Castle Hot Springs Resort
BY DON NICHOLS — Summer 2019
e’re seven miles into our drive down a bumpy dirt road when I suddenly spot the unexpected in Arizona’s Sonoran desert: rows of tall palm trees and a green lawn. We’ve arrived at the Castle Hot Springs resort about 60 miles northwest of the Phoenix/Scottsdale metropolitan area, deep in the Bradshaw Mountains. Distinguished American families with names such as Rockefeller and Vanderbilt often checked in here after it first opened in 1896, but the resort closed in 1976 after a fire severely damaged one of the main buildings. It subsequently went through several owners and various uses but never reopened as a luxury resort again until February of this year, having been restored by local investors who bought the property in 2014. Guests can now come to this remote hideaway again to enjoy its two natural hot springs, thought to have healing properties, and partake in other wellness activities, from spa treatments to yoga, tai chi, and other Eastern healing arts — though some just come to unplug. They settle into 29 sumptuous bungalows and cabins with amenities such as indoor/outdoor fireplaces and outdoor tubs they can fill with water piped in from the hot springs. A three-bedroom cottage and two smaller lodge rooms are also available. Here, how to spend a perfect day at this secluded gem.
7:30 a.m. Take the short 10-minute walk up to the hot springs for a tranquil dip in the warm, relaxing water that can get as high as 120 degrees. At this early hour, you may have the pools to yourself, adding to the serenity. All you’ll hear is the sound of running water, which will lull you into a peaceful trance. After your dip, lounge on the sun deck to enjoy the serene setting a bit longer.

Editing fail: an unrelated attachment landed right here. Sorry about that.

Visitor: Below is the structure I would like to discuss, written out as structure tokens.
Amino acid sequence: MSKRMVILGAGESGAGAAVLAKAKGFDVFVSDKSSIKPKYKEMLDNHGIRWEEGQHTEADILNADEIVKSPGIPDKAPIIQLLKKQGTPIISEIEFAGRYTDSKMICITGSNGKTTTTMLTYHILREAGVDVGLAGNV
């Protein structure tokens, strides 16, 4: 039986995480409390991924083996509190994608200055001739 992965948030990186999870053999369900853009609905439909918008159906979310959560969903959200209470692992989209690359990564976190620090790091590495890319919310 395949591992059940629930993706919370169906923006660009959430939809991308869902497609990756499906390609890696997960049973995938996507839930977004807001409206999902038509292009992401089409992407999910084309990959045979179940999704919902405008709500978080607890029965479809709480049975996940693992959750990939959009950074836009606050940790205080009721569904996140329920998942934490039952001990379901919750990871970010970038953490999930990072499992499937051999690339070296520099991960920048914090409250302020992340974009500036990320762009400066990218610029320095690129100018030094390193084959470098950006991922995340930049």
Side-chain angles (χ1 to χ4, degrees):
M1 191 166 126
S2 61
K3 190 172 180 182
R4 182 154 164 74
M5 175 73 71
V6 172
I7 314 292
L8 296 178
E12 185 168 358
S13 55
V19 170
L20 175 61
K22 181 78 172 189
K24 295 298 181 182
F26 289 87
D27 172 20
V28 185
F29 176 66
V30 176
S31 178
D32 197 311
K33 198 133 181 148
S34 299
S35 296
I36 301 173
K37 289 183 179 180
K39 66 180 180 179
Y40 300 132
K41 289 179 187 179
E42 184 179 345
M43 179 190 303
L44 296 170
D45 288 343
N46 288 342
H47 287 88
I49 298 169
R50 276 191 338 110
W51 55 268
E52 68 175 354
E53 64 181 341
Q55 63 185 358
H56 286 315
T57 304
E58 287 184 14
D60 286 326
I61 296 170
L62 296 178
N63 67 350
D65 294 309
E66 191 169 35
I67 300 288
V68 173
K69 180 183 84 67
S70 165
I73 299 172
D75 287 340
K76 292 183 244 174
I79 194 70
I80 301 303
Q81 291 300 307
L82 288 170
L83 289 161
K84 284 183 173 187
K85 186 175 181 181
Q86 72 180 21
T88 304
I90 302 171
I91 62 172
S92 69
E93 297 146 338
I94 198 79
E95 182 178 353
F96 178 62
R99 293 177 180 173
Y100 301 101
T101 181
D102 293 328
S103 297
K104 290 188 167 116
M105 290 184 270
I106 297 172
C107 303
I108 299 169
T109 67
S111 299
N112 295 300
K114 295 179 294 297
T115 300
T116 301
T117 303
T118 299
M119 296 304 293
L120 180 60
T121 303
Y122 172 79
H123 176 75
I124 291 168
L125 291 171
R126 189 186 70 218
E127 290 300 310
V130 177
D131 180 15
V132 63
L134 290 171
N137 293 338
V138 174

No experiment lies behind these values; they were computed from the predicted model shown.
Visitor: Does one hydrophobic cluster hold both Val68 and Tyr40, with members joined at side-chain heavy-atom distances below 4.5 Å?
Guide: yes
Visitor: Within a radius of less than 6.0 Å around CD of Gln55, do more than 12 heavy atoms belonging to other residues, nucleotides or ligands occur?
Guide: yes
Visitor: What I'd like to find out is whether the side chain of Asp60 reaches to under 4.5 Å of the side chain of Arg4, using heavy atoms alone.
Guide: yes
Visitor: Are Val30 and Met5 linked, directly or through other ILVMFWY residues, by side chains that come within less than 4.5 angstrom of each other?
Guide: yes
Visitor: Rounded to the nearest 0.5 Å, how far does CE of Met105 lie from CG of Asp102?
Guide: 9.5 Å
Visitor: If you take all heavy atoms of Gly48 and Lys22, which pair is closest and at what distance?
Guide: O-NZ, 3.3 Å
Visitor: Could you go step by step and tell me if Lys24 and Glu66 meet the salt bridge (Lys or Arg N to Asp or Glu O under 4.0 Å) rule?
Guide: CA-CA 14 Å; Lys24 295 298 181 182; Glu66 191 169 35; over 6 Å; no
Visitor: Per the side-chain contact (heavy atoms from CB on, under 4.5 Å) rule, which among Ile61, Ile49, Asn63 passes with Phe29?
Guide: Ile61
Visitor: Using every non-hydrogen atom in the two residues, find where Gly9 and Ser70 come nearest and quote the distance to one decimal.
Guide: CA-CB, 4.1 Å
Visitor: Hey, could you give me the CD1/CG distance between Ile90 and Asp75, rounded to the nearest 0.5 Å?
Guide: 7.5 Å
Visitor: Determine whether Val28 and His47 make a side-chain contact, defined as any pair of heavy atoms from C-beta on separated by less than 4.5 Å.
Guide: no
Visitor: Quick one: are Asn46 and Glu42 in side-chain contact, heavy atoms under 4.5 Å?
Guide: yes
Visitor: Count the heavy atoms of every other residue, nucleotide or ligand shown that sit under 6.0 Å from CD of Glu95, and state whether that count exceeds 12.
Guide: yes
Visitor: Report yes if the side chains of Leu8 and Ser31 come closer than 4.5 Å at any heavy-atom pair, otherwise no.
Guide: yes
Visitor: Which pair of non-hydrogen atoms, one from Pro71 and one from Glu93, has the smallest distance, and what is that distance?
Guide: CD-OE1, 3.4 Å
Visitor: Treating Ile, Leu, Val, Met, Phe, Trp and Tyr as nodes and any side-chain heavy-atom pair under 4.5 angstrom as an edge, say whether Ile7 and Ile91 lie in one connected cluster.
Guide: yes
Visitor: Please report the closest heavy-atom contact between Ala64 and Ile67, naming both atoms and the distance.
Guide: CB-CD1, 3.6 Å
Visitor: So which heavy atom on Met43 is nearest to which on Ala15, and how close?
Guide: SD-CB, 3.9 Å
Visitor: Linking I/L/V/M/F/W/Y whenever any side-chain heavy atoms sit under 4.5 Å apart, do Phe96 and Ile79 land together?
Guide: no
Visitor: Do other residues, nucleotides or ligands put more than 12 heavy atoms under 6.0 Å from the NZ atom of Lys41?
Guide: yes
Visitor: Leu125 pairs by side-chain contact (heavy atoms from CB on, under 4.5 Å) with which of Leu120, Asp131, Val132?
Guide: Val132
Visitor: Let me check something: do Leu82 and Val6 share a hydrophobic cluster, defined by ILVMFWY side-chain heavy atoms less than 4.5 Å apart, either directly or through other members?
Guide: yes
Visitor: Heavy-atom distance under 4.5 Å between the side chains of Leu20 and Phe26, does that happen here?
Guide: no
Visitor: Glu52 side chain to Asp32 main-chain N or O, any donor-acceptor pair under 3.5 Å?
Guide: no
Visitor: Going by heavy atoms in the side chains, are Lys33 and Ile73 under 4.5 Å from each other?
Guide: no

9 a.m. After breakfast, keep yourself in chill mode by taking a 60-minute tai chi class taught by the resort’s neighbor, Michael Leone, a master instructor with more than 30 years of experience. As Leone takes you through the various moves, you’ll zone out to all that’s around you and just focus on the here and now. Even if you’re a novice struggling with the moves, you’ll be inspired by watching him do them so effortlessly and with such calming beauty.
10 a.m. Don’t say goodbye to Leone just yet. To further immerse yourself in the pastoral setting, take a 60-minute hike with him through neighboring Hell’s Canyon. It’s a flat trek over uneven rocky surfaces, with splendid views of peaks, cliffs, and a variety of desert cacti. He may point out a lions’ den (advising “they won’t bother us”) and take you to hidden hot springs you wouldn’t find on your own.
11 a.m. Time to unwind in the resort’s original 125,000-gallon pool, filled with water from the hot springs.
1:30 p.m. In the heat of the day, take a rest break and lounge on the deck of your bungalow or cabin, soaking in the splendid mountain views while enjoying the quiet and cool breezes. If you booked a bungalow, you’ll hear the soothing sound of water in a spring-fed creek slowly flowing down a gentle slope.